PROVO Without much fanfare, the Provo School District Board of Education approved new mathematics books for elementary students and the books include occasional use of a search-and-learn math program that has caused a major uproar in a neighboring district.
Provo students in kindergarten, first and second grades will use "Growing with Mathematics," published by the Wright Group. The cost will be $249,000.
Students in third through sixth grades will learn from "Mathematics," published by Pearson-Scott Foresman-Addison Wesley. The board agreed to spend $220,275 on the program.
Those text books will have on average two lessons per each nine-lesson chapter taken from Investigations in Number, Data, and Space, the program that sparked a public fight over math instruction in Alpine School District.
The program, often called "Investigations Math," which advocates group work and less direct teacher instruction and "discovering" algorithms instead of learning them through memorization, has been used in Alpine schools since 2001.
While some spoke out in favor of the program, many parents of children in Alpine schools have been vocal about their disdain for the program and built Web sites devoted to ending it. The math issue cost one member of Alpine's school board a bid for re-election.
The Alpine District is adopting new textbooks, too, and, largely because of parent input, the emphasis on Investigations Math has been toned down.
In Provo, school board member Carolyn Wright (not related to the Wright Group publishers), whose husband is a mathematics professor at Brigham Young University, had been critical of Investigations Math.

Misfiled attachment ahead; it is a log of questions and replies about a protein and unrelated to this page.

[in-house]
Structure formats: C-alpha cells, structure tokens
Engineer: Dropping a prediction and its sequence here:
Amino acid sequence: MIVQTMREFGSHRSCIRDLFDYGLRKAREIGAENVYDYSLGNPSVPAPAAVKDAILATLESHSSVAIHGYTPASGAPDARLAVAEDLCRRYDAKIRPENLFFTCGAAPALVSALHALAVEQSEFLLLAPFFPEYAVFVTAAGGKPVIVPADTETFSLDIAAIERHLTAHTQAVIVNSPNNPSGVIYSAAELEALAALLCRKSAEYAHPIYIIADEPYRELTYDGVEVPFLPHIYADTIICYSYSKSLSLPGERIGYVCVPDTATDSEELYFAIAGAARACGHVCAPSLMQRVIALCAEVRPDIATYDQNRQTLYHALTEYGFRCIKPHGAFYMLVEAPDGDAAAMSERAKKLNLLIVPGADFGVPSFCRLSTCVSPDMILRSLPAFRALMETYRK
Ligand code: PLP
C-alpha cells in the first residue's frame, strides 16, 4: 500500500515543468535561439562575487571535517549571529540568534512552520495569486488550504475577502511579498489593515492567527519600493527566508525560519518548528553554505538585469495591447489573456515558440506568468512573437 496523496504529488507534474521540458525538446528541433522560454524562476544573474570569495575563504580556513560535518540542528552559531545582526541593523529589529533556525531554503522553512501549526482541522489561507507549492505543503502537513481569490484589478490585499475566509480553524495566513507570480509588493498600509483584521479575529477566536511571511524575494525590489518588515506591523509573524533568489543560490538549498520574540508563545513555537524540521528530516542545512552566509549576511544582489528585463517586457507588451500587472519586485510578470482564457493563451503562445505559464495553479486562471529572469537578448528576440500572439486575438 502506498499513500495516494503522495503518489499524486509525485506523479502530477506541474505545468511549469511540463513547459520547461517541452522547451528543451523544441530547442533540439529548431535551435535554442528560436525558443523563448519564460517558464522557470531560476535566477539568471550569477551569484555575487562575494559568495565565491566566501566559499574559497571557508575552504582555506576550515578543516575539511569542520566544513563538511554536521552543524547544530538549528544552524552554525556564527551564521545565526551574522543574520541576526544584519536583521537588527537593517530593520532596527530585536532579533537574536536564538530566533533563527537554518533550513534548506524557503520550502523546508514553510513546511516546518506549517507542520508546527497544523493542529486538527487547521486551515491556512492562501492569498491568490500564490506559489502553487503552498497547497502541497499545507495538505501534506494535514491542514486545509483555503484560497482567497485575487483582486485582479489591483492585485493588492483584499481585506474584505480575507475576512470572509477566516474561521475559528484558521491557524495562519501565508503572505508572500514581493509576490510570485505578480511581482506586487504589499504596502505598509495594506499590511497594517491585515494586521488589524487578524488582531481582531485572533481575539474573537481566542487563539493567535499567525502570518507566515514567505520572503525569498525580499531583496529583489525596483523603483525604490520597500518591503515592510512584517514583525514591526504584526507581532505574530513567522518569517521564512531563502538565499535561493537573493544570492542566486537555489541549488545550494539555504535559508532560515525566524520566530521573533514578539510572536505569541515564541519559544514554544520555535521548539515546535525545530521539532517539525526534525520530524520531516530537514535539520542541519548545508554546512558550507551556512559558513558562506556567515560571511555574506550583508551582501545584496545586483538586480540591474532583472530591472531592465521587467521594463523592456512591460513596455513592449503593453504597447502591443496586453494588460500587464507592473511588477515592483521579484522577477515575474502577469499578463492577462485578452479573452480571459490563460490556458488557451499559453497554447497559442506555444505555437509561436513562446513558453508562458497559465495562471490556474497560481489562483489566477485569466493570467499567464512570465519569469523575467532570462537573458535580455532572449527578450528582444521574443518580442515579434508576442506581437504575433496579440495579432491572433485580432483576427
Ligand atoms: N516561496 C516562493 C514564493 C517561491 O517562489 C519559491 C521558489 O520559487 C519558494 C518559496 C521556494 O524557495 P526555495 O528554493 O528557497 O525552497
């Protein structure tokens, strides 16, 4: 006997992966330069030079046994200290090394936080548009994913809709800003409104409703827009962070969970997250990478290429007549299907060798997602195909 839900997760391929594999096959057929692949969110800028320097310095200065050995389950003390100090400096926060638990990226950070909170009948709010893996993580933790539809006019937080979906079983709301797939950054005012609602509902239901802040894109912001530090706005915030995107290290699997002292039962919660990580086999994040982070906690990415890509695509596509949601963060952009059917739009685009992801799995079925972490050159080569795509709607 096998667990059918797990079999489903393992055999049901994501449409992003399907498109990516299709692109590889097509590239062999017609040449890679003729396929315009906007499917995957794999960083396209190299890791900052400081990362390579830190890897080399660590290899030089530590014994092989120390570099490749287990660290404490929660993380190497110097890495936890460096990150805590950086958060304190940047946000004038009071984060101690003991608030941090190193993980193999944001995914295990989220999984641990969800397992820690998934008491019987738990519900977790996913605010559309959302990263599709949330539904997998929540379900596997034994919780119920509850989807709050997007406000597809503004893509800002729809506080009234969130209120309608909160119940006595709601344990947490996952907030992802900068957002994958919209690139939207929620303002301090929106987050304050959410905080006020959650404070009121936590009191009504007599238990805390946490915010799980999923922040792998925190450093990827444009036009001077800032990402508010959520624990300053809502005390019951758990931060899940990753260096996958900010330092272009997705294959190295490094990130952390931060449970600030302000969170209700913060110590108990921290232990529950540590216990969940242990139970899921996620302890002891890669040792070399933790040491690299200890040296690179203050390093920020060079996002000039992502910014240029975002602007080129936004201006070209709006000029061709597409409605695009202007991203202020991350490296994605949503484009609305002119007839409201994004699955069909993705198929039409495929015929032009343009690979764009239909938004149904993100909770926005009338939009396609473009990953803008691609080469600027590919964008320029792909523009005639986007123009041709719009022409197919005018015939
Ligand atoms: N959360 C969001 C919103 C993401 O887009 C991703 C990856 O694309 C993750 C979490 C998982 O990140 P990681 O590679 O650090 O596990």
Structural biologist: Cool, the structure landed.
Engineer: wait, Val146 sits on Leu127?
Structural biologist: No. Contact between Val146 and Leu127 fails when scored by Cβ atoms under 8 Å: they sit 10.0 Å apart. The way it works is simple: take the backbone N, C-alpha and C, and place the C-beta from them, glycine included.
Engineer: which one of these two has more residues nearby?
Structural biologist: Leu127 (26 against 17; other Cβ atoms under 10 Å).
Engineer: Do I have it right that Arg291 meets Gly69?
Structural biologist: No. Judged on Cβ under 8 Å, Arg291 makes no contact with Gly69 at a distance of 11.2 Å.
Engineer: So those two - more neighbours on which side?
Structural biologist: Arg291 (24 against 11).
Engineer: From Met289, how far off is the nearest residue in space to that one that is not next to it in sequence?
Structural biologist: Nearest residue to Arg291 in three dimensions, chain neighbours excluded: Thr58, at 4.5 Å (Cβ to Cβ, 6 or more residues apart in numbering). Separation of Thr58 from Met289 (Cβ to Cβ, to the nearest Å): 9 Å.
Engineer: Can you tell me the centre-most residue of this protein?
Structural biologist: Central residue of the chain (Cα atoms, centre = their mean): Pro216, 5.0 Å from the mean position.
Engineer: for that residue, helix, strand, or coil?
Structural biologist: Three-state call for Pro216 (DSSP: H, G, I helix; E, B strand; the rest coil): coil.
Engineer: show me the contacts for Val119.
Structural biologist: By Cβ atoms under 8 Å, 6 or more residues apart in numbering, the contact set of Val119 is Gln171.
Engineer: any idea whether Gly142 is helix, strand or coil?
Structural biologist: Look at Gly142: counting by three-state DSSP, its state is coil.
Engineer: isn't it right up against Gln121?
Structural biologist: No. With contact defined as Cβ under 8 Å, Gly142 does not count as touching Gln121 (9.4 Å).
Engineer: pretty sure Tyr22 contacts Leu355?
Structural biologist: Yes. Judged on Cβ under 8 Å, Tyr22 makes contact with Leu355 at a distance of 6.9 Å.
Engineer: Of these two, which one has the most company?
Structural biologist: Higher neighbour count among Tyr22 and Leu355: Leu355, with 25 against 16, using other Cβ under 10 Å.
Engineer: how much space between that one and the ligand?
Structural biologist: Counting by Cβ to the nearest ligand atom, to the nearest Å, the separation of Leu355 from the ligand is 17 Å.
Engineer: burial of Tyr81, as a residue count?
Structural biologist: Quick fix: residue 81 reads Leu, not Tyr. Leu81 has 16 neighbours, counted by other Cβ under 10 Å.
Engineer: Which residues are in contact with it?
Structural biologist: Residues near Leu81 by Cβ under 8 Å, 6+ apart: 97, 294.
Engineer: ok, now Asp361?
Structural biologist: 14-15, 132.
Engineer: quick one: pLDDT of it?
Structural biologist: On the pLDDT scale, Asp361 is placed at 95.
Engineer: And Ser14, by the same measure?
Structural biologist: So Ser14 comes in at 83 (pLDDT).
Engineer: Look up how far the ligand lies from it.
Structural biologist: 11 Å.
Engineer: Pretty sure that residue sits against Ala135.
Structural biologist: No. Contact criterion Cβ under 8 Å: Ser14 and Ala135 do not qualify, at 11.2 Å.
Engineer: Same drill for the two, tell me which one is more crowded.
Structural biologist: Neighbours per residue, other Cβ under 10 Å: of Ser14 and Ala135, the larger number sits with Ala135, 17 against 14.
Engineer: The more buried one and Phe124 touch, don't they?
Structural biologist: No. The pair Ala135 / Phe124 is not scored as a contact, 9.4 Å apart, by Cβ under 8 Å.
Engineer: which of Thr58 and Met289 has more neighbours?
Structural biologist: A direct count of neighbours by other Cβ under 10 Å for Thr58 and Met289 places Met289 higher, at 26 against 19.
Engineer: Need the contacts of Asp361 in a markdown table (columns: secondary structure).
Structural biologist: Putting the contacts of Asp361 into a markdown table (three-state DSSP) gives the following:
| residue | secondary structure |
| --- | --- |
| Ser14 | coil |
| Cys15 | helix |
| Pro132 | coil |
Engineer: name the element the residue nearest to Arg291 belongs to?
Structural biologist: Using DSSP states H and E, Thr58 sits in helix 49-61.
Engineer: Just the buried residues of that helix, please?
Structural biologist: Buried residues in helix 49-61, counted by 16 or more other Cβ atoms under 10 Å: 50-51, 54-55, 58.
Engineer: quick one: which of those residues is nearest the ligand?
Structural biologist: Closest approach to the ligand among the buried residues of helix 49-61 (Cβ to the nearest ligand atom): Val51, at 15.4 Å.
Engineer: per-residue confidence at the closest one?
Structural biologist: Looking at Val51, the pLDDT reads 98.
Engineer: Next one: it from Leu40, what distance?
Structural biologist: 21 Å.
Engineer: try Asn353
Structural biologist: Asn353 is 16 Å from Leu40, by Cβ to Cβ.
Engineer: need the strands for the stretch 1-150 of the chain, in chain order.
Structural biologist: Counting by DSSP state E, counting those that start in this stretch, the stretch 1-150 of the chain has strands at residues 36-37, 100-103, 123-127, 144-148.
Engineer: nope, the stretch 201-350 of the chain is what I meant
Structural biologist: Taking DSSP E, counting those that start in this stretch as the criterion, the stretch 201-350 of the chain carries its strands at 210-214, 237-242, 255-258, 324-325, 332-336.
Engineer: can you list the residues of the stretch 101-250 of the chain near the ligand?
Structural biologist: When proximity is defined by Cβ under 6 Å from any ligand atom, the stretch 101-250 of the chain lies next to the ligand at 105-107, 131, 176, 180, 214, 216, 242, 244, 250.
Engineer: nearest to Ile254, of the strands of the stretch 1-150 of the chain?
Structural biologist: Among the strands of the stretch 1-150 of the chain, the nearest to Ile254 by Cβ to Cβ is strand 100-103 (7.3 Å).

But on Tuesday, the night the board approved the books, Wright did not oppose adopting it or the books from the Scott Foresman publishing house that will use occasional lessons from Investigations Math.
Previous editions of "Growing with Mathematics" were similar to Investigations Math, but the newest books are not, she said.
And Wright said she doesn't mind Investigations Math being used with the book published by Scott Foresman as a supplement.
The new textbooks will be purchased this spring. Teachers will receive training over the summer. And the district's approximate 7,000 elementary students will open the new books in the fall.
The 13,000-student school district purchases new textbooks every six to eight years.
It has used current textbooks published by Scott Foresman for seven years, Provo School District Assistant Superintendent Ray Morgan said.
"Growing with Mathematics" was chosen for younger children in part because it does a better job instilling "numbers sense."
Emily Syphus, a kindergarten teacher at Edgemont Elementary who helped select the textbooks, described numbers sense as flexibility in thinking about numbers putting together and taking apart the number six, for instance, with the numbers five and one, three and three, four and two.
"And for a child in second grade, it would be base-ten (numbers)," Syphus said. "Understanding 25 would be 10 and 10 and five."
A committee of parents, teachers and administrators spent the last two school years in a "textbook adoption process," which involved defining what they wanted the district's math program to look like.
The committee determined they wanted "balanced math."
The balance is between traditionalists' call for drills, quick recall, memorization of basic math facts, and the 1989 standards of the National Council of Teachers of Mathematics, which call for deep understanding of math, which Investigations Math is designed to achieve.
After the math program was defined, "we invited all publishers to send us the material so we could evaluate it," said Ron Twitchell, Provo School District's math curriculum specialist. "We had an evaluation form."
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